The elves part ways with Jedeth and Ulf once they get above ground. Jedeth will be helping the injured archeologist back to town—perhaps for treatment at the House of Light. Tric thanks him again for his guide work and the sandwiches, and he tips him some extra coins for enduring danger he did not sign up for. “If you ever feel that sort of anxiety again, you should check in with Damal at the shop where you found me,” Tric suggests. “He might have something to take the edge off. You know, if you exhaust your options at the Parting Glass. Or if the tavern isn’t open yet.”
It is late afternoon, but that is still plenty of time for the elves to make some good progress back towards their forest. Along the way, Heppa examines Kachen’s ring, verifying that on some metaphysical level, she really has damaged it. This is not just an errant prong that a jeweler can bend back into place. She comes up with a few ideas on how to fix it, but the actual magical labor involved will require material components she does not have on hand right now. Specifically, it will require transmuting fancy jewelry, which she figures she can get from her sister or from Mother. At any rate, that will have to wait until she is back home. Still, she should be able to get that done before Kachen arrives at summertime.
As they make their way back home, the sickly mage is a topic of some conversation. Tric tells Heppa about the anklet Kachen made for Heledd, and how she used it to create a Rhaessa illusion. “I didn’t know he was a jeweler, too,” Tric comments.
“An artificer!” Heppa corrects, amazed that she knows someone who actually made an artifact. “I must talk to Kachen about this!”
“Oh, and that Book of Rhys that Ulf was looking for? It’s sitting in the House of Light, and Kachen read a bunch of it.”
“What is it?” Heppa asks.
“That I don’t know, but Kachen really wanted to read it. Heledd helped him repeatedly break into the House of Light to access it.”
“That was nice of you to tell Ulf about it,” Heppa observes.
“Eh, he seemed like he could use a break, and the House of Light isn’t really doing anything with it,” Tric says. “Although maybe they are keeping it safe…” If that is the case, they are not doing a very good job of it. “Well, if nothing else, it will inject some interesting things into their experience,” Tric concludes. Dabbling in non-elvish affairs and then walking away from any trouble he might cause is becoming a hobby for him. And it makes for good stories. “Society of Shadow? Really? Does that sound like a real organization to you?”
“So many mysteries,” Heppa murmurs. After their events beneath the city, she finds herself wondering about the rumors of undead that they have heard concerning Kachen. Did he dig up an artifact and now undead are following him around? Or is he holding onto one that attracts undead?
Over dinner that night around the campfire, as Heppa is updating her map, she sees some notes scribbled on it from her first meeting with Ulf, as well as things Glammur told her when describing their travels. The archaeologist hails from the area around Halstead, which he described as rundown ruins. But Glammur told her that it used to be a beautiful city, one crafted by human mages. It was destroyed some time in the past couple centuries, but there are many rumors about how: the hubris of human mages, sabotage, and so on. Carcyn is actually not that far from Halstead. It is on the Great River in western Wesnoth. Glammur heard rumors about rebellious mages in the Grey Woods, a large forest near Carcyn. Likely they are the Society of Shadow, and the Book of Rhys is a product of the sect’s illicit research. That theory fits with the bits and pieces they have gathered about Kachen and his interests. While there might be many things human mages could rebel about, so far necromancy is the only type of magic that Heppa and Tric have learned is off-limits to humans.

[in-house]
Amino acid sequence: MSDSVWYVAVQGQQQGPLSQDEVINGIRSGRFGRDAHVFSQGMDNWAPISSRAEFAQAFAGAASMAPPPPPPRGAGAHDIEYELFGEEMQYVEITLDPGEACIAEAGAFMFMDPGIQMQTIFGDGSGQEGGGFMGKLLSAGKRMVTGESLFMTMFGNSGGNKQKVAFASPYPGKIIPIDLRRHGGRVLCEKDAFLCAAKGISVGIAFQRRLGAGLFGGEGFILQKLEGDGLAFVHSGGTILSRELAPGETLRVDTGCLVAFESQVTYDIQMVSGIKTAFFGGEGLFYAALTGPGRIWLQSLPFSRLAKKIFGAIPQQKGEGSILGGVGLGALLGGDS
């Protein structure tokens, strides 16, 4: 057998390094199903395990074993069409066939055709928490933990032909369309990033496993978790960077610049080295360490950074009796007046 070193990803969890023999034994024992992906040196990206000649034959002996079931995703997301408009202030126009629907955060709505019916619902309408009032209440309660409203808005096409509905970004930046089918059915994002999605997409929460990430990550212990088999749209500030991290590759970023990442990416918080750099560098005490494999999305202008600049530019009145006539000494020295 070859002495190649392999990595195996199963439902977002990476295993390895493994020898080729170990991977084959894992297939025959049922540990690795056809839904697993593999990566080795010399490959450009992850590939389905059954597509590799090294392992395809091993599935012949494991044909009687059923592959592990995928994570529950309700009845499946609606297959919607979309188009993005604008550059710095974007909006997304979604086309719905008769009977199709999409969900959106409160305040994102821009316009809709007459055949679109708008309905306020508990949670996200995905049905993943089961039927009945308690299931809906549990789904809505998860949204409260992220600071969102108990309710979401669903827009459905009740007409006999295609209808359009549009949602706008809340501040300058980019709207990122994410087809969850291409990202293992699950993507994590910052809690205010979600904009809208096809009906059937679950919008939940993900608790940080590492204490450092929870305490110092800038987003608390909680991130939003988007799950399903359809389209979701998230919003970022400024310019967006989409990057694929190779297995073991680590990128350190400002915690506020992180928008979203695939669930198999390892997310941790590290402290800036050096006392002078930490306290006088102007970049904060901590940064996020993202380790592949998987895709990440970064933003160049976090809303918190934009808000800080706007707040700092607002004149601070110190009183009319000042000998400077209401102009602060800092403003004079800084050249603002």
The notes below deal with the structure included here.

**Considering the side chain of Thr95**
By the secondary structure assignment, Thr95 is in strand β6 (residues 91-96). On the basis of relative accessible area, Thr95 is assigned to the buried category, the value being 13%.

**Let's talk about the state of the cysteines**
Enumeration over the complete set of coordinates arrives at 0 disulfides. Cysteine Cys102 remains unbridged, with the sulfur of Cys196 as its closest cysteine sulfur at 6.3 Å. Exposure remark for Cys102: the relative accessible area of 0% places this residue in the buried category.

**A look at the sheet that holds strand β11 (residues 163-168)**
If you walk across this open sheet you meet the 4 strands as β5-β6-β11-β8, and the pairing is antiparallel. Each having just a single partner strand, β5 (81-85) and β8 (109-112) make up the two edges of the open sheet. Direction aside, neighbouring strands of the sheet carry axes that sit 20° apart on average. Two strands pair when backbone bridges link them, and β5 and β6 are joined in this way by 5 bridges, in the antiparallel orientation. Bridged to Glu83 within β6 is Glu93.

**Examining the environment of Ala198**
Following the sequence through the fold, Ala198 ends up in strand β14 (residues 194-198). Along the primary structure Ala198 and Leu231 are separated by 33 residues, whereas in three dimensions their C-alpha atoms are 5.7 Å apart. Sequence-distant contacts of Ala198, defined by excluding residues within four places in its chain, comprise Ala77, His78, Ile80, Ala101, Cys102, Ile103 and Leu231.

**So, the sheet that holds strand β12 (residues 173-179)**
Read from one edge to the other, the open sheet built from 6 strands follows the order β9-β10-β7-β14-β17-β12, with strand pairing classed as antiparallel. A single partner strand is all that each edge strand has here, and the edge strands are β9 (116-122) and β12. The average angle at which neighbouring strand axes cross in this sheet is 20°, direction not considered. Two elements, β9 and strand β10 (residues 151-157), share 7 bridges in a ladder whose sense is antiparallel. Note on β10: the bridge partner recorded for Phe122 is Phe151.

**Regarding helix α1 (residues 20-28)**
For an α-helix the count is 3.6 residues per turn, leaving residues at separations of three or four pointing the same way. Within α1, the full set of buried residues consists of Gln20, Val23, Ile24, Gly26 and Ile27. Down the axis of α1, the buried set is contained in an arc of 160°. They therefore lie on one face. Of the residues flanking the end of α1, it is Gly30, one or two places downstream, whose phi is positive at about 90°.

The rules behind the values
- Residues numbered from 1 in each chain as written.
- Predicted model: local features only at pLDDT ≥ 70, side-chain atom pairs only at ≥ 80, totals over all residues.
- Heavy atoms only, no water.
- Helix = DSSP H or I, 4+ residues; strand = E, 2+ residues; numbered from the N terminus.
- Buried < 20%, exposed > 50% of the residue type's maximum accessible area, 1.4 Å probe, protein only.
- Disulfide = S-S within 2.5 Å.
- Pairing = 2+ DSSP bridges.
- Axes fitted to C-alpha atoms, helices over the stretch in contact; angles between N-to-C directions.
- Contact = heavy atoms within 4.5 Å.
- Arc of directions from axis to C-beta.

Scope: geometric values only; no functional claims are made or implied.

“Is Kachen a rebellious mage?” Heppa murmurs, looking over her materials and considering the threads spread across them. Whatever the Society of Shadow is about, Kachen was studying it.
“Maybe he’s rebelling against necromancy,” Tric suggests.
Heppa shrugs. Whatever Kachen is doing, his artificing is probably unrelated. She has seen no indications that that would be frowned upon by humans. Lady Sabine had a whole library full of magical items on display, and the story of Gweddry’s amulet is openly told. Even the lowliest of human mages in South Tower has some sort of rod at least, judging from Rhaessa’s apprentices. Rhaessa herself had a staff.
It does seem to Heppa, though, that the runic magic of some of these crystals is different from whatever the implements themselves are capable of. After all, elvish shamans have staffs too, though theirs are living branches, not worked wood or metal.
Kachen did not show interest in the ice rune. Heppa wonders whether that is because he did not know how to channel runic energy through it or if the staff was just so much more interesting to him. Magical implements are definitely an accepted part of human magic. Kachen did not have one though; maybe that was why he wanted the staff they found. Maybe the staff was aspected in some way that was helpful to him. Clearly Kachen knew that the crystal could do something different, because when he was given a chance to experiment, he explicitly did not use it. Once again, Heppa feels some frustration over how little time she had to work alongside him. All he used the staff for was to summon those little fire missiles. What else could he have done if they had had more time? Well, she will find out soon enough when he comes to visit this summer.